Hanzo the Razor trilogy

First published by Little White Lies

The exploitation cinema of the early 1970s was, in keeping with the times in which it was made, awash with a contradictory mix of the revolutionary and the reactionary – and there are few films that illustrate this dichotomy more clearly than the Hanzo the Razor trilogy, comprising Misumi Kenji’s Hanzo the Razor: Sword of Justice (1972), Masumura Yasuzo’s Hanzo the Razor: The Snare (1973), and Inoue Yoshio’s Hanzo the Razor: Who’s Got the Gold? (1974), and all adapted from the manga of Koike Kazuo (whose Lone Wolf & Cub comics would also inspire the Baby Cart series, remixed for the West as visceral cult classic Shogun Assassin).

Katsu Shintaro (of Zatoichi fame) plays Hanzo Itami, a low-ranking officer under the Tokugawa Shogunate – but the accompanying funk soundtrack makes it clear that these period pieces are also engaging with the concerns of more modern times. Sure enough, Hanzo is the archetypal ’70s rebel. Insubordinate to every authority, he always pursues his investigations to the upper echelons of power, revealing the corruption and hypocrisy at their very heart; while Hanzo’s raids on temples, not to mention his regular use of Buddhist statues as punching bags, marks him out as a literal iconoclast.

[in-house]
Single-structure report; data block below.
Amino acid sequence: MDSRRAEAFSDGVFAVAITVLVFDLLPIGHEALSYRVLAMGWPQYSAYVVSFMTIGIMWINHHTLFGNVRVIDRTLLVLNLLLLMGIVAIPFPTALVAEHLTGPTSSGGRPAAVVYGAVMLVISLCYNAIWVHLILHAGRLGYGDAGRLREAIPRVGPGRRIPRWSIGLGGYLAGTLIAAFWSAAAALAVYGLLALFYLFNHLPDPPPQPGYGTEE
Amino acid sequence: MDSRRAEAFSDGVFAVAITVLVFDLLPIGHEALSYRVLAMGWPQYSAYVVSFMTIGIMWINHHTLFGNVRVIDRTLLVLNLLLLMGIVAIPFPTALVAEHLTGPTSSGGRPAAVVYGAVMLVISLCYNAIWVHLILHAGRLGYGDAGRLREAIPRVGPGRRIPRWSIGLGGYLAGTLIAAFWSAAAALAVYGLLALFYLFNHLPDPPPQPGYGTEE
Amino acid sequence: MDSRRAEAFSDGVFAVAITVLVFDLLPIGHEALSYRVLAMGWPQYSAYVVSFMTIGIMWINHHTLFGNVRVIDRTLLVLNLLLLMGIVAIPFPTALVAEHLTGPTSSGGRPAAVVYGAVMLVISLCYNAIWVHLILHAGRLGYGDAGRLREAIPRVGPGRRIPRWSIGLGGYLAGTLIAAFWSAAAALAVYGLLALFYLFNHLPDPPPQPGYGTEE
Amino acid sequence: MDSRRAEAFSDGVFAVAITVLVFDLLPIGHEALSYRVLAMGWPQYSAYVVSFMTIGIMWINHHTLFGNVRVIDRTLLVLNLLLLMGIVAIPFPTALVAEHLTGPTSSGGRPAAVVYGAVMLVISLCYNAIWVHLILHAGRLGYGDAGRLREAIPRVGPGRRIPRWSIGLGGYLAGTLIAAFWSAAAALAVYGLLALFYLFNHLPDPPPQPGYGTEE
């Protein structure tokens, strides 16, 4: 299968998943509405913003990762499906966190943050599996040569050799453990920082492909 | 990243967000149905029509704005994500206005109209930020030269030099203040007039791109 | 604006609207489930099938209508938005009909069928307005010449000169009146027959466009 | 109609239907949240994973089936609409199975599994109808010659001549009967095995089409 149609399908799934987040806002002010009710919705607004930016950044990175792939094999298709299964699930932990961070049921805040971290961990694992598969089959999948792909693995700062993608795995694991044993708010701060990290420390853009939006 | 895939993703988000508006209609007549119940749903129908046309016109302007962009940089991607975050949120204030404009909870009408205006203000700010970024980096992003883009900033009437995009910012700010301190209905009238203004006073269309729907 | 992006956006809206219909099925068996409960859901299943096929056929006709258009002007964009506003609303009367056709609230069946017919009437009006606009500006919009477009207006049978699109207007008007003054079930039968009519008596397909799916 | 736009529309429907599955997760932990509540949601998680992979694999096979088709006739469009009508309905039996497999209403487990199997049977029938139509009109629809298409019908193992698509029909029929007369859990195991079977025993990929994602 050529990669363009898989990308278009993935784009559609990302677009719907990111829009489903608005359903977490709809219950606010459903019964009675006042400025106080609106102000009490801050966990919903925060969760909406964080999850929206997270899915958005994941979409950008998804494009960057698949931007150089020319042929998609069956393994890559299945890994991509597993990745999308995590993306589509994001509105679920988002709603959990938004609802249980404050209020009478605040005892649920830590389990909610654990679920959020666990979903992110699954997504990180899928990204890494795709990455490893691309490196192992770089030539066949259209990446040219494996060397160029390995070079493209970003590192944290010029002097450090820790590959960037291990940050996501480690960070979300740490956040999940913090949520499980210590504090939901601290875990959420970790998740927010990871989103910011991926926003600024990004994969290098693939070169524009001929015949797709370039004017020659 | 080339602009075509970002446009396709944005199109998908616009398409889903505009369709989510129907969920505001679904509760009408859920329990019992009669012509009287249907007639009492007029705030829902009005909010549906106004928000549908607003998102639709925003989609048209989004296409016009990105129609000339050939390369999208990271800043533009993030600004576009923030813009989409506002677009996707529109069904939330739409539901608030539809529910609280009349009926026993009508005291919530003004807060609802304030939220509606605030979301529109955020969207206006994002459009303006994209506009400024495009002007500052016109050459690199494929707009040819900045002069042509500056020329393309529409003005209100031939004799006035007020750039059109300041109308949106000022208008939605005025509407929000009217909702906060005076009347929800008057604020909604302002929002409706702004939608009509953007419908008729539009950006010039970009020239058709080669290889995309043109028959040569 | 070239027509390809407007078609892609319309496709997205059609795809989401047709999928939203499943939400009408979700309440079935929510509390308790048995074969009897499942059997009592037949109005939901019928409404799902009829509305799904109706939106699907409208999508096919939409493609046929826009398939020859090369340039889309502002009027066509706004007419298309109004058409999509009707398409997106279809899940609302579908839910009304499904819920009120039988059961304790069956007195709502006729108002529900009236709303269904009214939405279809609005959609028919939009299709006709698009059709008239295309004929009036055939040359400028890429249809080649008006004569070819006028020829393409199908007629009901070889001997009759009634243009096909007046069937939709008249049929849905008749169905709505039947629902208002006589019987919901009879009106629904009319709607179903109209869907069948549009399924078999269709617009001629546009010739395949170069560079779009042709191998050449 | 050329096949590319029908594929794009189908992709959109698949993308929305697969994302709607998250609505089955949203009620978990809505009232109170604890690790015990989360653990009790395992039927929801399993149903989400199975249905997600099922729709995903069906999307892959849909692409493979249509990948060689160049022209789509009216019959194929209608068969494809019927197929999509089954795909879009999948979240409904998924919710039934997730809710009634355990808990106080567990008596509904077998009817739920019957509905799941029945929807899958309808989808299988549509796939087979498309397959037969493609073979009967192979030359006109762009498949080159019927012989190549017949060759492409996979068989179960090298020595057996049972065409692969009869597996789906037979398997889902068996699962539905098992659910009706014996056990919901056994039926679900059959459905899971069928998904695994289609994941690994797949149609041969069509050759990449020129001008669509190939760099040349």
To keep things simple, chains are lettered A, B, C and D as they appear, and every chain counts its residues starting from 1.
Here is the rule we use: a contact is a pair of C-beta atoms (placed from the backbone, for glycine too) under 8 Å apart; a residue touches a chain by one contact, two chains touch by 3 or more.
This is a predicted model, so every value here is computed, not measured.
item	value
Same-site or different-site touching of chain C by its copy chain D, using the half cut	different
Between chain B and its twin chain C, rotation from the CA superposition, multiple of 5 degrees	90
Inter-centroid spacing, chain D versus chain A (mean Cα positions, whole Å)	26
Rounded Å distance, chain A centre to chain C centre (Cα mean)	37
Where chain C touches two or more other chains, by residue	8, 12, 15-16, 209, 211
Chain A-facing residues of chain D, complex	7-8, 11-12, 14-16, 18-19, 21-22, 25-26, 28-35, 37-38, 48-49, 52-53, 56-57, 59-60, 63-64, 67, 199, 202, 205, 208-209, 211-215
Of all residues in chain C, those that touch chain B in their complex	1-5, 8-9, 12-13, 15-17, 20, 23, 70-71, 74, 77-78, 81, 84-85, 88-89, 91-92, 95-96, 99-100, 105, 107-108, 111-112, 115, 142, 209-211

This redoubtable crimefighter seems to embody the very spirit of the ’70s counterculture, interrogating all the traditional lynchpins of his society – but at the same time, Hanzo is a comic parody of ’70s ‘hardmen’ like Dirty Harry and Shaft, using his over-sized penis to torture female captives who, try as they might, inevitably melt before the invasive thrust of his questioning. He is also handy with the sort of weapons that are more conventionally associated with the chanbara genre, but we are never allowed to forget that all these are mere extensions of his steely manhood.

In what is one of several stock sequences in all three films, Hanzo exposes his unwieldy member to a series of torturous exercises designed to toughen it up, so that later his female victims will first beg him to stop, and then beg him not to. In these films, you see, ‘no’ really means ‘yes’, women actually enjoy being raped, and nothing penetrates the truth of the matter like a massive dong. And therein lies the contradiction: Hanzo may be an earnest champion of the dispossessed and a fearlessly physical critic of the status quo – but his full-frontal assault on the patriarchal order is also overtly phallocentric.

These three adventures are mere variants on a single plot, with only the names of the antagonists (and of the director) changing. More outrageous than funny, the Hanzo trilogy is an unruly mix of bloody violence, soft porn and political intrigue, with a hero whose intentions are (largely) admirable, but whose modus operandi will repel any but the most hardened misogynists. Only the ’70s could have erected a monstrosity so mesmerisingly abhorrent.

Anton Bitel